The Cubs have identified and banned a fan who flashed a "white power" hand gesture during the broadcast of Tuesday night's game against the Marlins. Team president Theo Epstein made the announcement on Wednesday.
At a news conference, Epstein said the team was able determine the fan's name and said he can never set foot inside Wrigley Field again.
"We've made clear how egregious and unacceptable," Epstein said. "That behavior has no place for it in our society, in baseball, certainly no place for it at Wrigley Field. The person responsible for that gesture will never be welcomed back at Wrigley Field. I think its important to have a strong response to send a message that this is a place of inclusion."
NBC Sports Chicago reporter Doug Glanville, who is black, was on the air during the third inning of the Cubs' game against the Marlins when a fan made the, a silent symbol for "white power." Many on Twitter noticed and expressed their shock.
The origins of, which resembles an OK sign, can be traced back to trolls on the internet message board 4chan, who invented it as a hoax, according to the Anti-Defamation League, which tracks the activities of hate groups. It has since evolved into a symbol used by members of the alt-right and white supremacists.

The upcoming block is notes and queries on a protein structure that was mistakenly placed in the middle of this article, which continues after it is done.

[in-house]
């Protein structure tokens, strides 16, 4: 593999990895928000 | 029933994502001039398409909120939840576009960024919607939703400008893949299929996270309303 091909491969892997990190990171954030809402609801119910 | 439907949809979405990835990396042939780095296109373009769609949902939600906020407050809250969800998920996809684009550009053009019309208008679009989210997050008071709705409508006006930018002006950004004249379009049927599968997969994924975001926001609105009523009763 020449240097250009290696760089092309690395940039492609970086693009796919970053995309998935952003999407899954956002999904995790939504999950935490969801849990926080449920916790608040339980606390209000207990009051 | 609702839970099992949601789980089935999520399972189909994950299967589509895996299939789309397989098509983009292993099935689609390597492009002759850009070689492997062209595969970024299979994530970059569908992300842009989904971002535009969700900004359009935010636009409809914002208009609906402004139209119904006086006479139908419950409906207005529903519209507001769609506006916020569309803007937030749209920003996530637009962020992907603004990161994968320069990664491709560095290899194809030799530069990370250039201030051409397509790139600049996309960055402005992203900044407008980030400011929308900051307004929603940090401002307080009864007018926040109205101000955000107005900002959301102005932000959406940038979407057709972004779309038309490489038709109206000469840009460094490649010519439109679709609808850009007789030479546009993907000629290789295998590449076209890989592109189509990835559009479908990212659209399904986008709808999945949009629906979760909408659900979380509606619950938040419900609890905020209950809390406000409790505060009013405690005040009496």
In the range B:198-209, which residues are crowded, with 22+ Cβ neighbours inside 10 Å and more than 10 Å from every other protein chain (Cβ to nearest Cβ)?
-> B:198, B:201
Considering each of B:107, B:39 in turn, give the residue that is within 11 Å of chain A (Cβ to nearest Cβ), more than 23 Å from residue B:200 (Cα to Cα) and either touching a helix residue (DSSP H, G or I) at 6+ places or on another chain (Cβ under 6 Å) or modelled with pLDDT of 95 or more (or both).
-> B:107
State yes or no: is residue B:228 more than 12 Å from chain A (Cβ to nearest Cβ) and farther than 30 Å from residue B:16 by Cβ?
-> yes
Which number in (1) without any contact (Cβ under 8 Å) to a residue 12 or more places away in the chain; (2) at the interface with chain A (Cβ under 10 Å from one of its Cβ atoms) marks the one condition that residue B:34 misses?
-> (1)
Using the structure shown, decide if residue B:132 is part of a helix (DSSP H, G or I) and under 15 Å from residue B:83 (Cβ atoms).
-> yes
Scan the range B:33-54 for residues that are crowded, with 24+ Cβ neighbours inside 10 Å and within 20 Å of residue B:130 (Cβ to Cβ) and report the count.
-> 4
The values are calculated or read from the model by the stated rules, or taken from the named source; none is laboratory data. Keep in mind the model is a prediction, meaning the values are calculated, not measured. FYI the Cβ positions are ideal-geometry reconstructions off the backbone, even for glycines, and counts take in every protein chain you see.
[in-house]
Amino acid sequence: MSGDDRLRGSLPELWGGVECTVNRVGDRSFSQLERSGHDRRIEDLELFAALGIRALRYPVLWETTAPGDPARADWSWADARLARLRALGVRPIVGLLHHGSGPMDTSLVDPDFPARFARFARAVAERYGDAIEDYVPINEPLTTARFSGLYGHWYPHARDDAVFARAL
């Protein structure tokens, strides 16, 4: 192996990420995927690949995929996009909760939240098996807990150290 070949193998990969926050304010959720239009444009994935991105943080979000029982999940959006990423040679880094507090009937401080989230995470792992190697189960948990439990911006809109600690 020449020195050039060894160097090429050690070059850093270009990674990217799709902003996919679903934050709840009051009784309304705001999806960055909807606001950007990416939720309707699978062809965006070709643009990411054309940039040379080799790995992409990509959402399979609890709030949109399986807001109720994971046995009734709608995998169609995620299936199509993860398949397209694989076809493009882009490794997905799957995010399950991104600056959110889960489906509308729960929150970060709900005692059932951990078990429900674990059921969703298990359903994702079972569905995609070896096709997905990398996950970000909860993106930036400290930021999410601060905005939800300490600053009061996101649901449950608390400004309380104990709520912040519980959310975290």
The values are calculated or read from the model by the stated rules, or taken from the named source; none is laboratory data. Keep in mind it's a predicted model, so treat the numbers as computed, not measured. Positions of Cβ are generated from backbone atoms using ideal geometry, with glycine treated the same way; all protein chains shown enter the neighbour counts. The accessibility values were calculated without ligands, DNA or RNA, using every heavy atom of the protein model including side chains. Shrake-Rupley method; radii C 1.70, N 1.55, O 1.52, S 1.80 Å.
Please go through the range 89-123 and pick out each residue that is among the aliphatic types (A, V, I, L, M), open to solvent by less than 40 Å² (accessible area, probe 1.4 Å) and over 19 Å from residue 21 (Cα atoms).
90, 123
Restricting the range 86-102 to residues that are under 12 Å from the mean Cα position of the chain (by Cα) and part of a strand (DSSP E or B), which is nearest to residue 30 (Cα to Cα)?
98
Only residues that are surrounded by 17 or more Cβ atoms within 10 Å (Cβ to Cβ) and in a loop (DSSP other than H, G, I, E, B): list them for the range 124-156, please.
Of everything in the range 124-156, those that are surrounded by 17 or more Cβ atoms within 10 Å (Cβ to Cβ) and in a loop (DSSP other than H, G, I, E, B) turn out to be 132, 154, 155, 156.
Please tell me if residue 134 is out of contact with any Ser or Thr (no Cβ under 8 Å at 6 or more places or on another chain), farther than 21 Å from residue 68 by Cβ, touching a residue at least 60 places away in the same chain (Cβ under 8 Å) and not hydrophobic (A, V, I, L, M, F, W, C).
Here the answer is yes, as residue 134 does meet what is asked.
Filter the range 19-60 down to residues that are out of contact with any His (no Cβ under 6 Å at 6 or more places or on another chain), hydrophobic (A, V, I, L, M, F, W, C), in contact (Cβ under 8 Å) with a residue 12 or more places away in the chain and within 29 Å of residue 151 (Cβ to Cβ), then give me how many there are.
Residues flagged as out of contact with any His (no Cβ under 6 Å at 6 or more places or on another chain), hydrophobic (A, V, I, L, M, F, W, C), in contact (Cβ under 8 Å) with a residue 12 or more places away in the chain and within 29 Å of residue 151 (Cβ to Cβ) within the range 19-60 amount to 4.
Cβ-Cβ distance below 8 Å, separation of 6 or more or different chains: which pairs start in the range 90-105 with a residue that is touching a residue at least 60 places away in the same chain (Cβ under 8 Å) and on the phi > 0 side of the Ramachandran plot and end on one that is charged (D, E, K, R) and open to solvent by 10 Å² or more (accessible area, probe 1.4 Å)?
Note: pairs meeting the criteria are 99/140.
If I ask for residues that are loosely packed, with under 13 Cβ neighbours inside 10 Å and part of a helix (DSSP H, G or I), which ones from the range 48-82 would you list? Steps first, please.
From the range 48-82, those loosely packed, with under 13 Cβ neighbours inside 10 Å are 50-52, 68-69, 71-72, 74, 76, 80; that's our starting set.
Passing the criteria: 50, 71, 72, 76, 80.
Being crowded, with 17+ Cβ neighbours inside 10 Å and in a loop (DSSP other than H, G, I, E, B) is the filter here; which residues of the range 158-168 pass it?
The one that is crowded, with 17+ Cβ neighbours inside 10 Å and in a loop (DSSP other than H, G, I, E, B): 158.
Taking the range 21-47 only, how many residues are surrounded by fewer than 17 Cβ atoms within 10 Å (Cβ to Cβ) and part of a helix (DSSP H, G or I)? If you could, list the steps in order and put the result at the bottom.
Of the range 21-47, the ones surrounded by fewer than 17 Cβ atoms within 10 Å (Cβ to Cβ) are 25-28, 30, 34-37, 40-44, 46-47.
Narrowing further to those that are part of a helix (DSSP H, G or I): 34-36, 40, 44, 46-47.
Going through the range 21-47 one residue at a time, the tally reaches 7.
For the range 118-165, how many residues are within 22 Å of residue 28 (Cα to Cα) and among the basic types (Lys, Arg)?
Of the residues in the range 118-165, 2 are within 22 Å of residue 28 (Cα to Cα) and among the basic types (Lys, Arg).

Hours after the incident was caught on camera, Cubs president of business operations Crane Kenney said in a statement to CBS Chicago that the team was investigating the incident.
"An individual seated behind Mr. Glanville used what appears to be an offensive hand gesture that is associated with racism," Kenney said. "Such ignorant and repulsive behavior is not tolerated at Wrigley Field.
The Cubs said if fans see any derogatory behavior at Wrigley Field, they should report it to ballpark staff. The team said any fan who does something like this during a game will be removed and permanently banned.